|North Lake near Piute Pass|
Its very ironic that I had this experience the day after I wrote “Why is man afraid of the dark?”
There isn’t much in the wild that spooks me anymore. I’ve come to enjoy and understand the sounds of the wild especially at night. The sound of a branch breaking, a deer running, birds rustling bushes or a coyote howling can be an alerting or uneasy feeling when you’re all alone in the wild. But once you understand the sounds are just another eloquent part of nature, its actually very relaxing and peaceful.
On the night of October 11th, deep in the Piute Canyon, I heard a sound that invoked fear in me, that rocked me to my core. The day before, my good old chocolate lab and I had hiked in from North Lake in the Inyo National Forest. Just before hiking over Piute Pass, I saw the last sign of life. I spoke to a young woman hunting for deer, who had day hiked in and was headed back to the trail head. After speaking for a minute, I pushed forward for about 8 more hours down the trail to find a relaxing place to set up camp. I dropped down from the pass at 11,400 feet and made my way to around 9,500 feet into Piute Canyon. The pass, which resembled the moon, was barren with no trees, and very rocky with strong wind gusts every few seconds.
As I made my way into the canyon, the barren rocky landscape transformed into a lush green oasis with lakes and a cool running stream. I was sheltered from the wind and the temperature was a few degrees warmer. At around 5pm, I knew I only had about 2 hours left of light and wanted to cook dinner, wash up and settle in before sunset. I found a nice flat rock slab near a waterfall to set up my tent and campfire. I sat on a large flat boulder near the waters edge, washed up in the creek, put on a change of clothes and prepped my fresh trout while sipping some cool Tennessee whiskey.
It felt like heaven on earth as the water cascaded past my tent and the warmth of the fire hit my face. I didn’t notice while I was setting up camp, but once I was sitting, sharpening my knife I began to realize how eerily quiet the forest was. It wasn’t completely out of the ordinary for the forest to be so quiet, especially when a man and his dog come crashing down the trail making tons of noise, but usually once you have settled down, the forest comes back to life as if accepting you as a part of the wild. Just as I had done a hundred times before, I relaxed alone in the woods, cooking my fresh fish on an open flame. Usually while I’m doing this, my chow hound is starring at me for any scrap I throw his way, or at least curled up near the fire. Instead of by my side, Gumbeaux was standing at the edge of the fires glow, starring into the woods. I called him over multiple times and even gave him some cooked trout.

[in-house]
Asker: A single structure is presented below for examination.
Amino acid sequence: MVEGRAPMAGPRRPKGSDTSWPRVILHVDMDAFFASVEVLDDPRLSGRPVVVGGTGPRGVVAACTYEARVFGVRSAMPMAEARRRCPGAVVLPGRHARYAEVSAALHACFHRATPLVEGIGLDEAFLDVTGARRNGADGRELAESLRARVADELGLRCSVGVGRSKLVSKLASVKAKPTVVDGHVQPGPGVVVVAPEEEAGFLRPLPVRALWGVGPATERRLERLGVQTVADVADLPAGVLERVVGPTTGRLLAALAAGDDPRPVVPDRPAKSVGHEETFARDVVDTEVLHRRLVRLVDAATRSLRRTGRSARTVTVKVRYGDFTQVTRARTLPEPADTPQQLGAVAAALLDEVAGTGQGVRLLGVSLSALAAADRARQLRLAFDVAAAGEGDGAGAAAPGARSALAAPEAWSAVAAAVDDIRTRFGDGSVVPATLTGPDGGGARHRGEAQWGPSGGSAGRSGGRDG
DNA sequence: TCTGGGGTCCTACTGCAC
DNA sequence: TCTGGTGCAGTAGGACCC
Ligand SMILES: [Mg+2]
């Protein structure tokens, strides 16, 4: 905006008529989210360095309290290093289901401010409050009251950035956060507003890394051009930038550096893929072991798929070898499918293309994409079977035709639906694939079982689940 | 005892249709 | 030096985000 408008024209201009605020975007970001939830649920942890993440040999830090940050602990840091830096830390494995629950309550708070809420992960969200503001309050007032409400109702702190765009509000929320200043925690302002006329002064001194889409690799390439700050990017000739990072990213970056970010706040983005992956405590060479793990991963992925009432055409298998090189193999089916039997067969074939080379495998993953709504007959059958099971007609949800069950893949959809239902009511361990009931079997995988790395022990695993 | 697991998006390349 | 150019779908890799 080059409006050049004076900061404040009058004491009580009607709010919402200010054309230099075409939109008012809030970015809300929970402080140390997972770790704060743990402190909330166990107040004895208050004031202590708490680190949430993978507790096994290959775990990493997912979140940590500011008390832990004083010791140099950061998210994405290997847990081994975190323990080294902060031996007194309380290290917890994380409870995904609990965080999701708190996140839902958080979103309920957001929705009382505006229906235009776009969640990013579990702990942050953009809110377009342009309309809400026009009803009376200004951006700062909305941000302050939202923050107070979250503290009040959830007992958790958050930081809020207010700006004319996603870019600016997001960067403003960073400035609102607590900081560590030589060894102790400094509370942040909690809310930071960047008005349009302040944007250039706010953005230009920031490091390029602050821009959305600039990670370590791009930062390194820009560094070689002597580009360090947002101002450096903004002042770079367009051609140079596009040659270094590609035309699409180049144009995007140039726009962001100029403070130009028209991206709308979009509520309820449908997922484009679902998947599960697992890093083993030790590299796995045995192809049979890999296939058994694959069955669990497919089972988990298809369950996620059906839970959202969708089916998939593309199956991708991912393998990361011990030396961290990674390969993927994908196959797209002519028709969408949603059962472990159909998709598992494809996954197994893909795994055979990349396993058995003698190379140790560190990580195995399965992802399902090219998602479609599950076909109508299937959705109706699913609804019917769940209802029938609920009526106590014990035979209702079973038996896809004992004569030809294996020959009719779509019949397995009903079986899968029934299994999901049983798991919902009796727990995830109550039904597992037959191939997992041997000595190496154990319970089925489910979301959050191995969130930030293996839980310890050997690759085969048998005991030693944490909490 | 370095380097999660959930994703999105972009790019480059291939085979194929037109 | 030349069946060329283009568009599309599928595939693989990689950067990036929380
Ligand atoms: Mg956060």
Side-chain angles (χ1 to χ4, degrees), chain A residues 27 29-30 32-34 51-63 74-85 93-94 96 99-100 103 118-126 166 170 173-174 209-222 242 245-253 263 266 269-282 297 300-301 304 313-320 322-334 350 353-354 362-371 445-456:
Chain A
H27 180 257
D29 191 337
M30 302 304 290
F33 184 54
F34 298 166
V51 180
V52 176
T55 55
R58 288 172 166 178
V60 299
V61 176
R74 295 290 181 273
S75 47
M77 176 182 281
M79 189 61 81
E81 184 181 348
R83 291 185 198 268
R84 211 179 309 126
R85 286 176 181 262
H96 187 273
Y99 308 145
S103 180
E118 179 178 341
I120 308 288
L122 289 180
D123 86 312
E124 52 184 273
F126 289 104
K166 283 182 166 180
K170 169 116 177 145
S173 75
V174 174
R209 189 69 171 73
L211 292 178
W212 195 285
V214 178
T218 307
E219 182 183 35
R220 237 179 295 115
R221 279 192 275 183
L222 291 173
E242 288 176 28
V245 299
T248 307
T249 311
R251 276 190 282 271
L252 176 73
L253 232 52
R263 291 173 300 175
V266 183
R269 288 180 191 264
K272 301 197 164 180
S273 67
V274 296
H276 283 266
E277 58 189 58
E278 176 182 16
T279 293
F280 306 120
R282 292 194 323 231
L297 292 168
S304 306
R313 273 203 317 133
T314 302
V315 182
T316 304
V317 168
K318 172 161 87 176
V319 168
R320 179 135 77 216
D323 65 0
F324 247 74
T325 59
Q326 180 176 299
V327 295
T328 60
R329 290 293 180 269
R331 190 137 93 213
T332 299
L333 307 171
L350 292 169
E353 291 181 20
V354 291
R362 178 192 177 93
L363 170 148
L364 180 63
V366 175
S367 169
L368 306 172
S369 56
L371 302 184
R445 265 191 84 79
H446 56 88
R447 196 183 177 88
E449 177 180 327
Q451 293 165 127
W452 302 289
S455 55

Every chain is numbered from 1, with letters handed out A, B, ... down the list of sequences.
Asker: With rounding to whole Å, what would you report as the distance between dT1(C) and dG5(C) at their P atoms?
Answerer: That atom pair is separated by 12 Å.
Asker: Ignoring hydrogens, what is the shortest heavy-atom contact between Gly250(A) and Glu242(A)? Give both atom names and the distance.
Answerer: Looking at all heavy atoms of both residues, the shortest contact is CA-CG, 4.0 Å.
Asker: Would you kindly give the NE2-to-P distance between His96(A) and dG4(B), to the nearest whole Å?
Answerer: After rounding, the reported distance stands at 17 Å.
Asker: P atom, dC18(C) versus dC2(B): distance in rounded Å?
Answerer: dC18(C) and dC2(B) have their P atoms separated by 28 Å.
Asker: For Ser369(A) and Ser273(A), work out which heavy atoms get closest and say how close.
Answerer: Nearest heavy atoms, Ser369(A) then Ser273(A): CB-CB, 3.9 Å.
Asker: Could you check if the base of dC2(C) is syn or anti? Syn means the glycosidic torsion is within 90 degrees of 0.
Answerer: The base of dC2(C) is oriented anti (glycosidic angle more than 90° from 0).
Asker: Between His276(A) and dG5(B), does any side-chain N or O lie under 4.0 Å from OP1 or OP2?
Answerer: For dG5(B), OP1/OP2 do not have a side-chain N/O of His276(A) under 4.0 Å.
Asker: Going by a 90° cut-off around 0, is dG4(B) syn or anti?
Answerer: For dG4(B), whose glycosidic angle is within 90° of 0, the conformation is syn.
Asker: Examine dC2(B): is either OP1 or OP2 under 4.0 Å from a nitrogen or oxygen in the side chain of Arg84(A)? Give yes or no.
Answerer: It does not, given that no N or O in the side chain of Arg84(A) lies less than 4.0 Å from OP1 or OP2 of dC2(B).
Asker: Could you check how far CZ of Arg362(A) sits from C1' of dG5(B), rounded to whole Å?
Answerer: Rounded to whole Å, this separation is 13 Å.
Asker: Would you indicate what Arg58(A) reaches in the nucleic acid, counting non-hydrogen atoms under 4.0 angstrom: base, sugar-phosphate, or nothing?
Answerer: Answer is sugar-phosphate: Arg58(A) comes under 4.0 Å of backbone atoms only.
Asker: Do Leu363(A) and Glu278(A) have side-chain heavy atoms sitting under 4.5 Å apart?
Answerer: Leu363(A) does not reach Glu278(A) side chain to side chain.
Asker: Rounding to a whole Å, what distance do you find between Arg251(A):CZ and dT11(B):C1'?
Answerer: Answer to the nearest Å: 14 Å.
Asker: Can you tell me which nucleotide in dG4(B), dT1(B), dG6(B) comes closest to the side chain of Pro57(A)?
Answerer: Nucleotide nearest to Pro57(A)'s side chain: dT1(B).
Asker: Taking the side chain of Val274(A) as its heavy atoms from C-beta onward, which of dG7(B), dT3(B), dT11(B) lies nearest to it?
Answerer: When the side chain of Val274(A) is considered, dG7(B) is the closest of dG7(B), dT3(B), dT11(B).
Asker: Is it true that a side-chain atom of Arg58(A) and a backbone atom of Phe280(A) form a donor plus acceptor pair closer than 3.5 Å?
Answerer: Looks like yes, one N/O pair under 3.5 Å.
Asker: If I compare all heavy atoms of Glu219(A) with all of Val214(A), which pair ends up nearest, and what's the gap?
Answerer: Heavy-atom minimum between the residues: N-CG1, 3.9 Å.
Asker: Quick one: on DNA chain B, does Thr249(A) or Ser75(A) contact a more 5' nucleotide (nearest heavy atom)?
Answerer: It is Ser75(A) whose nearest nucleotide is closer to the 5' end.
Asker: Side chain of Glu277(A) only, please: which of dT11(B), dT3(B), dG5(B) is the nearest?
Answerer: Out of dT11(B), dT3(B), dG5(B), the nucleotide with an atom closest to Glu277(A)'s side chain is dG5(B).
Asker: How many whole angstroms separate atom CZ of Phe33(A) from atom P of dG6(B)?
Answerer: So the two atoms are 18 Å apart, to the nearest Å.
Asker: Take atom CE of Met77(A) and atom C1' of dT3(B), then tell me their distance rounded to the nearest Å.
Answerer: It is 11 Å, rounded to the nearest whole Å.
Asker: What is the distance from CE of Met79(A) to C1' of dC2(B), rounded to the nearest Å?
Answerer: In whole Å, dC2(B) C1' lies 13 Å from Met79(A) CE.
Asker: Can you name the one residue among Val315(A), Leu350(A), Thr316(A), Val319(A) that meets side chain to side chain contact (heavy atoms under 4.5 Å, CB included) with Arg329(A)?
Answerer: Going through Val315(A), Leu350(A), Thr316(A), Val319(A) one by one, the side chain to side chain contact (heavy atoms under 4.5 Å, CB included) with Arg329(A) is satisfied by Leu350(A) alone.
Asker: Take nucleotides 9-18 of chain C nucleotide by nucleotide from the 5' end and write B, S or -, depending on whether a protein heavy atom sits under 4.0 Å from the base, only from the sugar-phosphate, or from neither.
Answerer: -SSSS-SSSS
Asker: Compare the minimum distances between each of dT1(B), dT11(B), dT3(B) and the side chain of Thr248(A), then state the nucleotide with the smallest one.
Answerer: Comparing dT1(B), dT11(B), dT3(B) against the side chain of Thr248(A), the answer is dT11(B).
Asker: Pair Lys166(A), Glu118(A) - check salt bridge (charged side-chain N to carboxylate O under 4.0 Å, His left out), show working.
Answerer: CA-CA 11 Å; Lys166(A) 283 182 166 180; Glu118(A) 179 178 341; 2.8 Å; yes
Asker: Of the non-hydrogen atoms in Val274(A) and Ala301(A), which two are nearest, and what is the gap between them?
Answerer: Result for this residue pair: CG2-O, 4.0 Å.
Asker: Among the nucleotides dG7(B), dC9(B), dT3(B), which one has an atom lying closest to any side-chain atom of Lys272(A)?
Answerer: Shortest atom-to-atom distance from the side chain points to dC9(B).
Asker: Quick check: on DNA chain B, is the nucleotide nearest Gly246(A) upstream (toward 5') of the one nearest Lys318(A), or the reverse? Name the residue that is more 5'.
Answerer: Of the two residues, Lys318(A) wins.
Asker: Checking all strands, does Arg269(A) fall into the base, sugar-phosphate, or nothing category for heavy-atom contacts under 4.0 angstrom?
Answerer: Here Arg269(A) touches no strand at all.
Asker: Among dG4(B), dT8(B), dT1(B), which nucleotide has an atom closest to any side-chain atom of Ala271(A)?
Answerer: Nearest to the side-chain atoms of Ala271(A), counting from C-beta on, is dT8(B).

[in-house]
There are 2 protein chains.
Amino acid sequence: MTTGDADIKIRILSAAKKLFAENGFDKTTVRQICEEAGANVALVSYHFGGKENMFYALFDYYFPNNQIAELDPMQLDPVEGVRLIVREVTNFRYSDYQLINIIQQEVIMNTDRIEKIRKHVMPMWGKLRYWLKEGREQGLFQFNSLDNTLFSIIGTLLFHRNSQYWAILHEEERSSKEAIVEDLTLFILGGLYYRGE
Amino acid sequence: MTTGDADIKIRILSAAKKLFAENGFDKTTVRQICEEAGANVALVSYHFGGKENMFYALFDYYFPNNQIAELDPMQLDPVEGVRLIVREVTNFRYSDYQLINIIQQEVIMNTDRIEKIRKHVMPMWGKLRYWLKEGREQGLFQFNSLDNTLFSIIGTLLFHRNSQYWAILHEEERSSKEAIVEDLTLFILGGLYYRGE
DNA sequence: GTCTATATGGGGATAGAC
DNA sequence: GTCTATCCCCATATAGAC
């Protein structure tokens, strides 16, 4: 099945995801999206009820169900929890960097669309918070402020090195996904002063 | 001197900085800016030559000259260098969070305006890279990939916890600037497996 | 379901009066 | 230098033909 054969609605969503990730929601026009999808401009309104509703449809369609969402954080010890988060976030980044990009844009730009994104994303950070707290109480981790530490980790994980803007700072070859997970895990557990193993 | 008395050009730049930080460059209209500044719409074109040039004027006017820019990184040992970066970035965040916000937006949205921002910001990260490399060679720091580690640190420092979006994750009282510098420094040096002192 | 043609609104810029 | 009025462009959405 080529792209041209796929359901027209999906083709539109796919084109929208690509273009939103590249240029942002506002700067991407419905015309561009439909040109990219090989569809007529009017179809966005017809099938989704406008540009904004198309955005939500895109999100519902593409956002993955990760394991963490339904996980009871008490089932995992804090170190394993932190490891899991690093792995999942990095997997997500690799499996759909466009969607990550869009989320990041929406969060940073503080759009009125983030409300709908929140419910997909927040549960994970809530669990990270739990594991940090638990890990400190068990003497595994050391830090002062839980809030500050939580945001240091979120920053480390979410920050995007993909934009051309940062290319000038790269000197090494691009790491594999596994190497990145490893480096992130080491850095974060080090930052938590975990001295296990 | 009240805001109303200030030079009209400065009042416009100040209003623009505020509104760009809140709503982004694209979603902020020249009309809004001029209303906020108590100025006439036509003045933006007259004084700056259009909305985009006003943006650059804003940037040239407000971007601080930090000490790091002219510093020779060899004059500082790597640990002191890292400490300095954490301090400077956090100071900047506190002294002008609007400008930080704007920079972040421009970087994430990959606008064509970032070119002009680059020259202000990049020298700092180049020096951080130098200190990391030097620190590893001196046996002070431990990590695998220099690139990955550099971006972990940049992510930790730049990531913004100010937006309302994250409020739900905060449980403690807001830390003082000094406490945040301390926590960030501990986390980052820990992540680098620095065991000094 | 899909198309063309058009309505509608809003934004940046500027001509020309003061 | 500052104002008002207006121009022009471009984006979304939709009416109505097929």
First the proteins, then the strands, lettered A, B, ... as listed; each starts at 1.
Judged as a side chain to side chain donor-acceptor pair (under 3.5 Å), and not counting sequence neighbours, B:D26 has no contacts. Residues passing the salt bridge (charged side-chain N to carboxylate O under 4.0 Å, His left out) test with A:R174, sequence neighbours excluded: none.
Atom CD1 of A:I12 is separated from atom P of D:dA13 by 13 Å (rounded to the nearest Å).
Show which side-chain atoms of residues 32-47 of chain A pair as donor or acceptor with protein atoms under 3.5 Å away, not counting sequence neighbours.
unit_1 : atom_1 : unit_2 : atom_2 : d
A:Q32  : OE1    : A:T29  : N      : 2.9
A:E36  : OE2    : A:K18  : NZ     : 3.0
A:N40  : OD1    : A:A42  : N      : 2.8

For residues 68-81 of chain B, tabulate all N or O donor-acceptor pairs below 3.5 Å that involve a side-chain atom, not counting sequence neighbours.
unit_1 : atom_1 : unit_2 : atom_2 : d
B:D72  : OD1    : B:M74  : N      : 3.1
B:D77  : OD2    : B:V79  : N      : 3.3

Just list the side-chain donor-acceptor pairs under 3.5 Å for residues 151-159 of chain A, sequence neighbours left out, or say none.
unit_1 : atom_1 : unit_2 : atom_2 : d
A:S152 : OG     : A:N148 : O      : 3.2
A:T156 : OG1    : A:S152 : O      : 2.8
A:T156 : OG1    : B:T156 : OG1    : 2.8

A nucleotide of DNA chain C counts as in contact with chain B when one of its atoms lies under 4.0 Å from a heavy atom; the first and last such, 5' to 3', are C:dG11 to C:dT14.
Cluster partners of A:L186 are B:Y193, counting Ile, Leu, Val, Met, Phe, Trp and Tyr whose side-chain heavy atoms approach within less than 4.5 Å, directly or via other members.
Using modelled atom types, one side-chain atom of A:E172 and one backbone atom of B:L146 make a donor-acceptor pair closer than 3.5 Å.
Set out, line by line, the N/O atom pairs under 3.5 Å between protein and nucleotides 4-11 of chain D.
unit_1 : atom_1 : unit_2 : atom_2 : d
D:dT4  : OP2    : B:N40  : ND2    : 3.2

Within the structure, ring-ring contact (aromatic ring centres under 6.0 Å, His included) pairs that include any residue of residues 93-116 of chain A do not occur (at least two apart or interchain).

Each time he slowly walked away starring into the darkness with an uneasiness about him. I didn’t think too much of it because unless he lets out a certain bark I know no one is around. I finished my dinner and kept reading, assuming he was smelling a deer or coyote somewhere close. The night was uneventful and at around 10 pm we settled into the tent for the night. Usually by this time of night, the forest is alive with coyotes howling and animals running through the woods, but this night was dead silent. I drifted off to sleep and the night was the same as any other under the stars until 4:35 am. I was startled awake, as if you would if you awoke from a dream in which you are falling, and heard a loud deep moan.
I wasn’t sure if I dreamt the sound, if my lab had made it, or if it came from outside the tent. There were elk in the area and they do make a moaning type sound. I have heard very weird things before, such as when a rabbit is being caught by a coyote and it literally sounds exactly like a woman screaming bloody murder. So I just figured it was a bear or elk inspecting my camp, and closed my eyes to fall back asleep. This is when the night took an unforgettable turn. A few minutes after the loud moan, a very unusual loud and close crash of a branch echoed through the entire canyon. I thought to myself, “wow” that was extremely loud; it sounded like a tree had fallen, but once again I just assumed it was wildlife in the area.